Last month Adobe raised the curtain on its Document Cloud, a new service for storing and sharing documents. Starting today, the service is available to everyone.

When we first laid eyes on the Document Cloud, we offered Adobe the driest praise we could muster, saying it might “change the way you share PDFs.”

It’s not that we didn’t like the service (on the contrary, we thought it looked handy), but the idea that Adobe’s Document Cloud could eventually serve as a hub for any file — spanning creative stuff, business stuff, and everyday life — left us wanting more than just … a cloud for Acrobat.

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Above: My signature randomly placed on an edited PDF by Carl Icahn, via the companion Acrobat DC app.

For now, that’s what Adobe’s Document Cloud is. A cloud for Acrobat. But in our early tests, the service offered pretty smooth results. We sent PDFs and signed PDFs. We edited, created, and enhanced PDFs. After that, we tried to push the Document Cloud to its limits.

Could it ever compete with Box?

Despite Adobe’s emphasis on PDFs, the Document Cloud supports other file types, including photos and audio files.

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adobe document cloud

Although audio previews aren’t offered, photo previews work seamlessly.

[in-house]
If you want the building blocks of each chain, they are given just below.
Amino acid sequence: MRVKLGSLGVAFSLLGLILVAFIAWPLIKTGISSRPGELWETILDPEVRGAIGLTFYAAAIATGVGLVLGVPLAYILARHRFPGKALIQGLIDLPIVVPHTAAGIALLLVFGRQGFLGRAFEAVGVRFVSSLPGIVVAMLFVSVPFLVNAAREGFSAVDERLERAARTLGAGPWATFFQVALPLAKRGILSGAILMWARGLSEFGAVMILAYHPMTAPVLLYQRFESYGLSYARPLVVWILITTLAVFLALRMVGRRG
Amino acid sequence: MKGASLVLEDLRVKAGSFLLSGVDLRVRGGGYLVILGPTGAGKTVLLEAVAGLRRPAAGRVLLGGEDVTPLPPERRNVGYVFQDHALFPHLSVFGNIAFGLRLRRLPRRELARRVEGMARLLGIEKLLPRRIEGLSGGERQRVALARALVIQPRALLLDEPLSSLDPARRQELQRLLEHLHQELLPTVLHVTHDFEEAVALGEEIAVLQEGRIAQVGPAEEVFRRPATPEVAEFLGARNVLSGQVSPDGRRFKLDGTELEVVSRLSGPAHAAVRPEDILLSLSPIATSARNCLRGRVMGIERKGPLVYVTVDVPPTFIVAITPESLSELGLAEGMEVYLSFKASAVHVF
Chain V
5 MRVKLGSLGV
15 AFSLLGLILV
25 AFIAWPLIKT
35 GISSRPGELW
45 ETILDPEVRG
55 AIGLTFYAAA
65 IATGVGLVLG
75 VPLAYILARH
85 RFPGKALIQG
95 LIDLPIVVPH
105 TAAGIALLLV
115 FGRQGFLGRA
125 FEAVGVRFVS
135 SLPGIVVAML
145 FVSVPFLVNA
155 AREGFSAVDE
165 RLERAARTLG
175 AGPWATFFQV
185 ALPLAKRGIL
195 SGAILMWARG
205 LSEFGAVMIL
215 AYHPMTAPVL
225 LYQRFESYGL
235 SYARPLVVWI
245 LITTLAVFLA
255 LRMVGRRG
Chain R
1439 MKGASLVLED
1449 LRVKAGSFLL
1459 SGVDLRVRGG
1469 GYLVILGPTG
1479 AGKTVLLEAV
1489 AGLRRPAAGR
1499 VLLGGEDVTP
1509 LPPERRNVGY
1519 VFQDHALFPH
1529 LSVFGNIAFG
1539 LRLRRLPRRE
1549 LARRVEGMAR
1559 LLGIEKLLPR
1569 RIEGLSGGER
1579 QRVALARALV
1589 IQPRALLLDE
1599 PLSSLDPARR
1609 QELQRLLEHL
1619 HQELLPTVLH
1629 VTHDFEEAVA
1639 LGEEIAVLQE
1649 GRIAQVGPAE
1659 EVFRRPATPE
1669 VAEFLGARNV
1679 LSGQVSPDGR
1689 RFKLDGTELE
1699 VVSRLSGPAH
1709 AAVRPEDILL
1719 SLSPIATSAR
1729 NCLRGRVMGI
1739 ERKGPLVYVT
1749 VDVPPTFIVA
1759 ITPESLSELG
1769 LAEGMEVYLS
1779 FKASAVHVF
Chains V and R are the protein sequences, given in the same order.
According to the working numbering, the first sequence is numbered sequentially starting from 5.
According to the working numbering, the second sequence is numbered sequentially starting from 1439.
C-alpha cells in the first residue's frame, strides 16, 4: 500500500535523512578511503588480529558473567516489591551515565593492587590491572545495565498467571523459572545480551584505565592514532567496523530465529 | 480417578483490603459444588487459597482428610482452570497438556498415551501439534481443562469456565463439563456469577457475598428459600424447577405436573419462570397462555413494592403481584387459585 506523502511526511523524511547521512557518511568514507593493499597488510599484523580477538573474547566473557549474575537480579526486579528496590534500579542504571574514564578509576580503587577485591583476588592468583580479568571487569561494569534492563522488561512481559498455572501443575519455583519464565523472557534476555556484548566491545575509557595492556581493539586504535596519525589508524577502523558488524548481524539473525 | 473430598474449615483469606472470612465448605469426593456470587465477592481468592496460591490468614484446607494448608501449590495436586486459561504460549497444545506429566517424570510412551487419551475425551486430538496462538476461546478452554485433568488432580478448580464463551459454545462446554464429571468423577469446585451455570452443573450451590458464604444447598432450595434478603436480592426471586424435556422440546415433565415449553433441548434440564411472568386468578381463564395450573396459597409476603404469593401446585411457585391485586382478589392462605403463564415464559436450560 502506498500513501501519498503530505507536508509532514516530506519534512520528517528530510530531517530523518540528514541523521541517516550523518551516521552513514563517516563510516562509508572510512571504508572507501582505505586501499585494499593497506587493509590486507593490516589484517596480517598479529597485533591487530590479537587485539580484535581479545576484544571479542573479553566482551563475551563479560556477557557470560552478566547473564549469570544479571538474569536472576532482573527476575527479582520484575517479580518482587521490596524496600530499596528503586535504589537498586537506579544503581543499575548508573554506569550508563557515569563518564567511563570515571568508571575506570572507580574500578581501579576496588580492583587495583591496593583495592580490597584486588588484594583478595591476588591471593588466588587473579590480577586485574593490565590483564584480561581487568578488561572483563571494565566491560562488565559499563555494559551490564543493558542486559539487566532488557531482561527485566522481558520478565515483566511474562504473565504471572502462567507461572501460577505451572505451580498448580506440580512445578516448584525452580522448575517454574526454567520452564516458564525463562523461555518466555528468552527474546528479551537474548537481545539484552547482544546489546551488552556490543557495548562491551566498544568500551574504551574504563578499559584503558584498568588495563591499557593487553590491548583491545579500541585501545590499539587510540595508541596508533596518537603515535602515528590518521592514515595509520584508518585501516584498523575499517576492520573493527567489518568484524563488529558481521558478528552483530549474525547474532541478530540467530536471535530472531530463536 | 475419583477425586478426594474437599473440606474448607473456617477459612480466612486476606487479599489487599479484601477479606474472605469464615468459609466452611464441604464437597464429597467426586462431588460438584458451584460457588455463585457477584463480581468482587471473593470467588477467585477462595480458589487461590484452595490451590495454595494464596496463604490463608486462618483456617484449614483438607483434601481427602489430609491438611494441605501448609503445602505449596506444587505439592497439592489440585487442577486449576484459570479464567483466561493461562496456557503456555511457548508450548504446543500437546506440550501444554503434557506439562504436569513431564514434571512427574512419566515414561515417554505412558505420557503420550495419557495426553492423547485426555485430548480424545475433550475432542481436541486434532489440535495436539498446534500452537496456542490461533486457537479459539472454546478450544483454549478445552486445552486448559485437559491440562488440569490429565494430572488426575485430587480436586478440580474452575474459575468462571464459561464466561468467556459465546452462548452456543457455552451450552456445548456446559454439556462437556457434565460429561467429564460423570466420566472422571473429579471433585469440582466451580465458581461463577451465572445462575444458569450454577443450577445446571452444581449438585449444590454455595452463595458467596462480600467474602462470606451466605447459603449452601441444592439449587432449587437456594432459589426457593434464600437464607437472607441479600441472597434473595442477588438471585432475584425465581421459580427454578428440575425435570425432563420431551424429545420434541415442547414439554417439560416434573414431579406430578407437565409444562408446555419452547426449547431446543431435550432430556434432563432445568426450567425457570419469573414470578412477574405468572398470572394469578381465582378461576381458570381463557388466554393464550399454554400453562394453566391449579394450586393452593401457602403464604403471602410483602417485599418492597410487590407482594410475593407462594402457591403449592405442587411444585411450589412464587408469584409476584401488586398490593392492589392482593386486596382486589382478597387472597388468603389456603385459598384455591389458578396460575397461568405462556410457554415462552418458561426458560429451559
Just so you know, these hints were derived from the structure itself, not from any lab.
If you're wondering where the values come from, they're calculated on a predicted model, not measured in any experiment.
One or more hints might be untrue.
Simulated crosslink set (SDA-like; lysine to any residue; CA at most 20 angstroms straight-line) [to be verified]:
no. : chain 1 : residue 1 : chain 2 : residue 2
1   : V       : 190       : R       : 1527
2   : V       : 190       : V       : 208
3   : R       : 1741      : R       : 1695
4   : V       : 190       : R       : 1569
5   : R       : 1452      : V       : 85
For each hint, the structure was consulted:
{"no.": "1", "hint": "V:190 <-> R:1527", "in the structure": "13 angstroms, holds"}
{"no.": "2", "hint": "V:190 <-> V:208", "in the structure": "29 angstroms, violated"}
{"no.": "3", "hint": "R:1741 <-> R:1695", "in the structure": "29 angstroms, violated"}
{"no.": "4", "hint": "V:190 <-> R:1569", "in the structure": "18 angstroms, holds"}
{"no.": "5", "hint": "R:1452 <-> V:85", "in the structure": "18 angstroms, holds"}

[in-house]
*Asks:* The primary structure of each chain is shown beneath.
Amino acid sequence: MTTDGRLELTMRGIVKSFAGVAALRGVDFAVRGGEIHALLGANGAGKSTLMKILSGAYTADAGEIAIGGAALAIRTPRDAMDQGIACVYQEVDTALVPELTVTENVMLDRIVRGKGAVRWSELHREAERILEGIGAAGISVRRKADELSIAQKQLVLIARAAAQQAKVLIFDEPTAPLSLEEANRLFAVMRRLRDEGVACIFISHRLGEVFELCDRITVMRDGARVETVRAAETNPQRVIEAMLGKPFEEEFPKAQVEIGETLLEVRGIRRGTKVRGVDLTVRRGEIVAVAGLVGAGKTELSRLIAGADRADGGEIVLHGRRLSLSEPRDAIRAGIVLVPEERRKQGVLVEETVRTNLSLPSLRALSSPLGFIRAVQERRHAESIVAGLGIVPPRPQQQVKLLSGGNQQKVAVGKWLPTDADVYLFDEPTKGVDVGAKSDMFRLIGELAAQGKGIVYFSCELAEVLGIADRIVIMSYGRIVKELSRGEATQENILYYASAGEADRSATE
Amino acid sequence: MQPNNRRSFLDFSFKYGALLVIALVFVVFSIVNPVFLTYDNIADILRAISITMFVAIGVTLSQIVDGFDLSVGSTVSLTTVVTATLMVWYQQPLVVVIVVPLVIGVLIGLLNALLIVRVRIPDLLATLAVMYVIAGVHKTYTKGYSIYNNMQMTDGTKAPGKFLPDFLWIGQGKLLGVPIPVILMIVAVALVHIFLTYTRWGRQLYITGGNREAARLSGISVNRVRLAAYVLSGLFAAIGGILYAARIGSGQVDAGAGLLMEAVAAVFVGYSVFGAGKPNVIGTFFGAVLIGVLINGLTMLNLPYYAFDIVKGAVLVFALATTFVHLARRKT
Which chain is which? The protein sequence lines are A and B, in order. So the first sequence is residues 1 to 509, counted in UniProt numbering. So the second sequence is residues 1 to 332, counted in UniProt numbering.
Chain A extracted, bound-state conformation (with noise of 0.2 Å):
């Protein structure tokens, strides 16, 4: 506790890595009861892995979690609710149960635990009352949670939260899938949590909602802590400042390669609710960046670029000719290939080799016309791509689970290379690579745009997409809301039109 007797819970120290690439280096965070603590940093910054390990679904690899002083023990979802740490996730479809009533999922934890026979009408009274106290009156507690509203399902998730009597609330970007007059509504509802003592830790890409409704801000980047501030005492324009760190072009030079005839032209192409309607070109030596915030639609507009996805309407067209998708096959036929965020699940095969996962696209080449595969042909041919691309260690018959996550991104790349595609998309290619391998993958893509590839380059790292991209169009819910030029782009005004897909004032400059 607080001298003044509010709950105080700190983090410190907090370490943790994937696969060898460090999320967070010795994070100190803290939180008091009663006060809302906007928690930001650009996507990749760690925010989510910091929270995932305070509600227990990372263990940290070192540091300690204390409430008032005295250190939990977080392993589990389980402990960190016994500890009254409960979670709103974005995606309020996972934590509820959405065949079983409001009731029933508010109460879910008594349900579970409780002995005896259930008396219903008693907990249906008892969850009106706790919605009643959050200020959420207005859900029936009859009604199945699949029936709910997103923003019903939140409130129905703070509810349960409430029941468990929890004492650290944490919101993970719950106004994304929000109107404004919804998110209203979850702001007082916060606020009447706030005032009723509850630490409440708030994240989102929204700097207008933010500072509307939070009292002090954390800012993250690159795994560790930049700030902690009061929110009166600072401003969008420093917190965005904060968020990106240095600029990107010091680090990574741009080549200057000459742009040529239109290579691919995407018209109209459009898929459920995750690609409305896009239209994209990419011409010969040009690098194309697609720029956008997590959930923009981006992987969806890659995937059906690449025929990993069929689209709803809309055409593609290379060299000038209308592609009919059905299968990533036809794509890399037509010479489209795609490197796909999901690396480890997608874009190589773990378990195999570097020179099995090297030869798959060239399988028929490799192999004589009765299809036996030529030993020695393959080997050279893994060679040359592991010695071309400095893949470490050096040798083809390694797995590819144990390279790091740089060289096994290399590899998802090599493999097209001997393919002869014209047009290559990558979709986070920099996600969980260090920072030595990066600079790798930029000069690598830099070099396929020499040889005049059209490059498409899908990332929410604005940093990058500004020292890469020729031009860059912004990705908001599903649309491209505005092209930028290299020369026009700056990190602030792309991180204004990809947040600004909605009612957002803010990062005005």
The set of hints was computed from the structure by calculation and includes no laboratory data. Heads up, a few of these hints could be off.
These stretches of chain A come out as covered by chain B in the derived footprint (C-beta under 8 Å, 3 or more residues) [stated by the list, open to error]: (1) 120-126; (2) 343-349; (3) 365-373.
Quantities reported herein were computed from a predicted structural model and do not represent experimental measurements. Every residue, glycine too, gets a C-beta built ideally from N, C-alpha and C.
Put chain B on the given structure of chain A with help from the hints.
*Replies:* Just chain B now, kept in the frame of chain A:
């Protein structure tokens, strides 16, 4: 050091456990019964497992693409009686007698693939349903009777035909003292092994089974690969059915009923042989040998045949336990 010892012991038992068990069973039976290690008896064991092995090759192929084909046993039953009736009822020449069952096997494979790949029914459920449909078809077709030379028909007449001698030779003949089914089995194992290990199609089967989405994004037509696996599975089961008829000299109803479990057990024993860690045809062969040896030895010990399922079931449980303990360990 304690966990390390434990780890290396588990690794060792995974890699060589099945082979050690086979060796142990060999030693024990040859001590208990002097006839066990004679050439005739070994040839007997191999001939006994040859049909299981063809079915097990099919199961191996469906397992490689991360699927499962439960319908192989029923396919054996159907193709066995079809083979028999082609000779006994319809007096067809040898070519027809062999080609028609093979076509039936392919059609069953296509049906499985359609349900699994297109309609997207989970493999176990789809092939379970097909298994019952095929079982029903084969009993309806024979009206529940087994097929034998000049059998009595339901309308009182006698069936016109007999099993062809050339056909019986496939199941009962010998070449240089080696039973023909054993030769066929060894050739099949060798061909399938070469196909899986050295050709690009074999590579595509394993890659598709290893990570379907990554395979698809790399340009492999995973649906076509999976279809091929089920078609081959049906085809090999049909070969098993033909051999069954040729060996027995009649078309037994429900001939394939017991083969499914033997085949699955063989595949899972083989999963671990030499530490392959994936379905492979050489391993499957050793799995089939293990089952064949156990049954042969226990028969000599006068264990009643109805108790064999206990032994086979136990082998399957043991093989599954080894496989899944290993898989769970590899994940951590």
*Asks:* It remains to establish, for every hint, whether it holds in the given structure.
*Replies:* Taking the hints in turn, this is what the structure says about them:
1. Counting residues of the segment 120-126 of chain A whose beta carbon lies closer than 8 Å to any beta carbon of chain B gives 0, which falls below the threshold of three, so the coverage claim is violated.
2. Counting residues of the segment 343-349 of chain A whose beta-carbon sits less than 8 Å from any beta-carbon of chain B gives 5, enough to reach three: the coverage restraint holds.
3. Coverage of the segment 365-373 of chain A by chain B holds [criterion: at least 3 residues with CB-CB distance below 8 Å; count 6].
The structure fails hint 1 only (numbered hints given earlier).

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The service makes it surprisingly easy to share files (including non-PDFs), too. Adobe even organizes the files you’ve sent in a handy list. Here’s an example of a shared photo.

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For now, Adobe is firmly not interested in competing with services like Box, Dropbox, or Google’s Drive — at least, that’s what they tell us. Adobe’s Document Cloud revolves around the PDF, and it’s a bit siloed from the company’s other cloud offerings. Still, we see broader potential here.

Adobe already touts a massive user base of paying subscribers in numerous industries, and the company has clearly realized the potential of integrating cloud services deep into its own apps. The question is: How far do Adobe’s cloud ambitions go?

Perhaps Adobe will tie its cloud services together sooner than later?